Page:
Your eating style is a manner of expression that has taken years to cultivate. Take a moment to think about what your eating style says about you. Consider your attitude towards food, what food represents to you, the speed you eat, and how much you eat in a single serving.
People with weight problems frequently have elements of style in common that lead to excess weight. For example, do you gulp down your food in a hurry or eat on-the-run? Do you heap mounds of food on your plate? Do you put another bite into your mouth before finishing the last one? These eating styles lead to two common problems that cause weight gain; eating too much, too fast.
When food is eaten too fast, your brain doesnít have enough time to sense that your body has been fed and turn off the hunger signals. Physiologically, it takes about 20 minutes before your brain receives the "full" signal from your stomach and intestines. Consequently, if you quickly eat a lot of food, by the time this signal reaches your brain, youíre overstuffed and uncomfortable.
There are a number of techniques that will increase the amount of time you spend eating, decrease the amount of food you eat, and teach you to enjoy your food more. These strategies are deceptively simple but they take time and effort to master. Donít try to take them on all at once, it will prevent you from thoroughly practicing each technique. Start with one and as it becomes habit move to the next:
Put your utensil down between each bite. This is a very important technique and I recommend you practice this one first because it will significantly increase the amount of time you spend eating. Put your utensil down after putting the food into your mouth and donít pick it up, or put another bite on it, until youíve swallowed the previous bite. It takes a surprising amount of conscious effort to continually practice this strategy. You may want to include your family in this practice so you can remind one another during meals.
Pause at some point during the meal for at least 3 minutes and donít eat at all. During the pause, take 5 deep breaths and let your body relax. Tune into how youíre feeling at this point during the meal. How does the meal taste? Are you beginning to feel full? How does the food feel in your body? Donít worry if you can only pause for 1 minute at first. Keep working your way up to three minutes or more.
Another way to incorporate more time into your meals is to serve two courses. Start your meal with a healthy vegetable soup or low-fat salad. When finished with the first course, clear the table of the soup bowls or salad plates and wait 3-5 minutes before serving the second course. Spend this time taking deep breaths, tuning into how youíre feeling and engaging in conversation, if youíre eating with someone else.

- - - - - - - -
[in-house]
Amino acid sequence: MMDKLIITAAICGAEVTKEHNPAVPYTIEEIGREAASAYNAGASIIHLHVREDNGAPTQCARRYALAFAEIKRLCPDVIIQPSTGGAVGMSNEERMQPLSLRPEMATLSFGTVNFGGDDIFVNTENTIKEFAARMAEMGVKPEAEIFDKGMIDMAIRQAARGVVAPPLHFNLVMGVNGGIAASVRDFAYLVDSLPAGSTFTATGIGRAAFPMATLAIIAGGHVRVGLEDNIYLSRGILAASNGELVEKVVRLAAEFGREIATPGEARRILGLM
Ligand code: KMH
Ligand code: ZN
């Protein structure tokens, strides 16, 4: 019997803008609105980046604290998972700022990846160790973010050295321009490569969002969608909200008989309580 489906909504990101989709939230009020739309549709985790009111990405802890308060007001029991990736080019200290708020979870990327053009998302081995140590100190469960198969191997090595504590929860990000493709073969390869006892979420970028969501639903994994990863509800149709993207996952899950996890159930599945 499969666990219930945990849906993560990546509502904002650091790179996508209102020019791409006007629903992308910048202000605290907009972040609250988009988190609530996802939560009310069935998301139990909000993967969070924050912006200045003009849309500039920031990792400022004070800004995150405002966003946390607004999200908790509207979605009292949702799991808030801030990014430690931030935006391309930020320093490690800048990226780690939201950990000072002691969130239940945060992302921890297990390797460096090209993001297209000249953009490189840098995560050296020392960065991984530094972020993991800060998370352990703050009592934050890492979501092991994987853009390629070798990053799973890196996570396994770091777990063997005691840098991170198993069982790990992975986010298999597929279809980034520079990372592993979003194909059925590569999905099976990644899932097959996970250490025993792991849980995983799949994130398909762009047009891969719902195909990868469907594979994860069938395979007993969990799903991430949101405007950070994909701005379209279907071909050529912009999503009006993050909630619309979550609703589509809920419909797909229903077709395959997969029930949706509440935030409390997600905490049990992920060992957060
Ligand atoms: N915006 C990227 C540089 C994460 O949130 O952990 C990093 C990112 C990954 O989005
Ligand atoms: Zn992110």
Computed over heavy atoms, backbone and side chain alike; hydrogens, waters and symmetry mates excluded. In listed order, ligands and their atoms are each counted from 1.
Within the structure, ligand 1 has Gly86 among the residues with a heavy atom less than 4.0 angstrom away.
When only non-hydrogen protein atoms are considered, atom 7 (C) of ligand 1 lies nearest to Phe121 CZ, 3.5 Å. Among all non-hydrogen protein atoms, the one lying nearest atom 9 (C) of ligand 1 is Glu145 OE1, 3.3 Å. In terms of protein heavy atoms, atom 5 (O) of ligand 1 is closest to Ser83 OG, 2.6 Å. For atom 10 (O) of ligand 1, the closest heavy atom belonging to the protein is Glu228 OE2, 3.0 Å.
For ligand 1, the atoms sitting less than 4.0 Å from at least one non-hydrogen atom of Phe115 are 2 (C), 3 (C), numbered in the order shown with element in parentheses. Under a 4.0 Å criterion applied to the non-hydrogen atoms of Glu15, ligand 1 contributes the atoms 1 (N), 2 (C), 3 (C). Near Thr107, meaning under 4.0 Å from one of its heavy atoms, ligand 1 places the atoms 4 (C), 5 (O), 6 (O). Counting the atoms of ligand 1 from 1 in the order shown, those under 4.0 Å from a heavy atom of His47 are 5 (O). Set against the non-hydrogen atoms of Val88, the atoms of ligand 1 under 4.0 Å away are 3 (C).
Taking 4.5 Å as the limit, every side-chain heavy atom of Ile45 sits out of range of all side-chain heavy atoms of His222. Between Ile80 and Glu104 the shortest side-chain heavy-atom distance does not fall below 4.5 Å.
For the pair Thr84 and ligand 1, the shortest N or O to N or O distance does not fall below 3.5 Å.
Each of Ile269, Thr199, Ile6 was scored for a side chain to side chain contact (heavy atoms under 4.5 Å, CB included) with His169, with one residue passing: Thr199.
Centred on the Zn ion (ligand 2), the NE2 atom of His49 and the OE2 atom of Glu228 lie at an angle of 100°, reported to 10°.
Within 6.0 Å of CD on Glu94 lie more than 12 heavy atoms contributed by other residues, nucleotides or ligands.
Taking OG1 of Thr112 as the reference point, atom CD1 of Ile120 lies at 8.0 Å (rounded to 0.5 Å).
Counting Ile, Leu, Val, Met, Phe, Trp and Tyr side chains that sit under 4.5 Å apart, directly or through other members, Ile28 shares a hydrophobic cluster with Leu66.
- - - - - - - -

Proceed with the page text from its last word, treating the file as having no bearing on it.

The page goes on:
Use as many senses as you can to enjoy your food. Itís not uncommon for people to rely primarily on the sense of taste to get satisfaction from a meal. With some conscious effort, you can learn to round out the enjoyment of your meal using other senses as well.
Start with the visual appeal of the food. Notice the colors of the various foods and the variety of textures and shapes each food contributes to the meal. Next, take a deep breath and smell the food. Take a moment to savor the smell of individual bites. By using your sense of smell, you may be fooling the brain into thinking youíve eaten more than you actually have. While chewing each bite, feel the food in your mouth and on your tongue. Chewing thoroughly will release all the flavors in the food so you can fully experience the taste while allowing you time to enjoy the feeling of the foodís texture.
Set a limit. Prior to your meal, set a limit to the amount of food you will eat. Portion control is a major factor in weight management. The amount of food you should eat depends on your specific energy needs. If there are high fat items in the meal, treat them as a condiment and allow yourself a small amount. Then eat the
low fat, more healthful items as the bulk of your meal.
Cook only enough to eat for each meal. Another common problem that contributes to eating too much is the amount of food prepared for the meal. Learn to gauge the actual amount of food that will be eaten and cook accordingly This reduces leftovers and the temptation to go back for second or third helpings.
Pay attention to your appetite. Gain an awareness of your appetite throughout the meal. Itís common to begin a meal eating fairly rapid when youíre physically hungry but shortly into the meal your pace should slow down. As you progress through your meal, notice that as you become less hungry, the food doesnít taste as good as it did when you started. When you no longer feel hungry and you arenít savoring the meal-- stop eating.
Donít be afraid to leave food on your plate. As children, most of us were continually reminded to clean our plates up for some ridiculous reason or another. If you're a member of the Clean Plate Club, it's time to break free! Itís okay to leave food on your plate if your hunger is satisfied.
To keep food waste to a minimum, learn to gauge your hunger. Take small portions that youíll likely be able to finish. If youíre still hungry go back for seconds and take a smaller portion. This way youíre not throwing a plate full of food into the garbage, only a few morsels at the most.
Use a small plate. Eating off of a small plate has a couple of benefits, it will help you gain some control over your portion sizes and it may trick your mind into thinking youíve fed your body more than you actually have. This strategy will not be effective if you allow yourself third and fourth helpings because it's a small plate. Treat your plate as though it's full size when it comes to portion control.
Managing Your Weight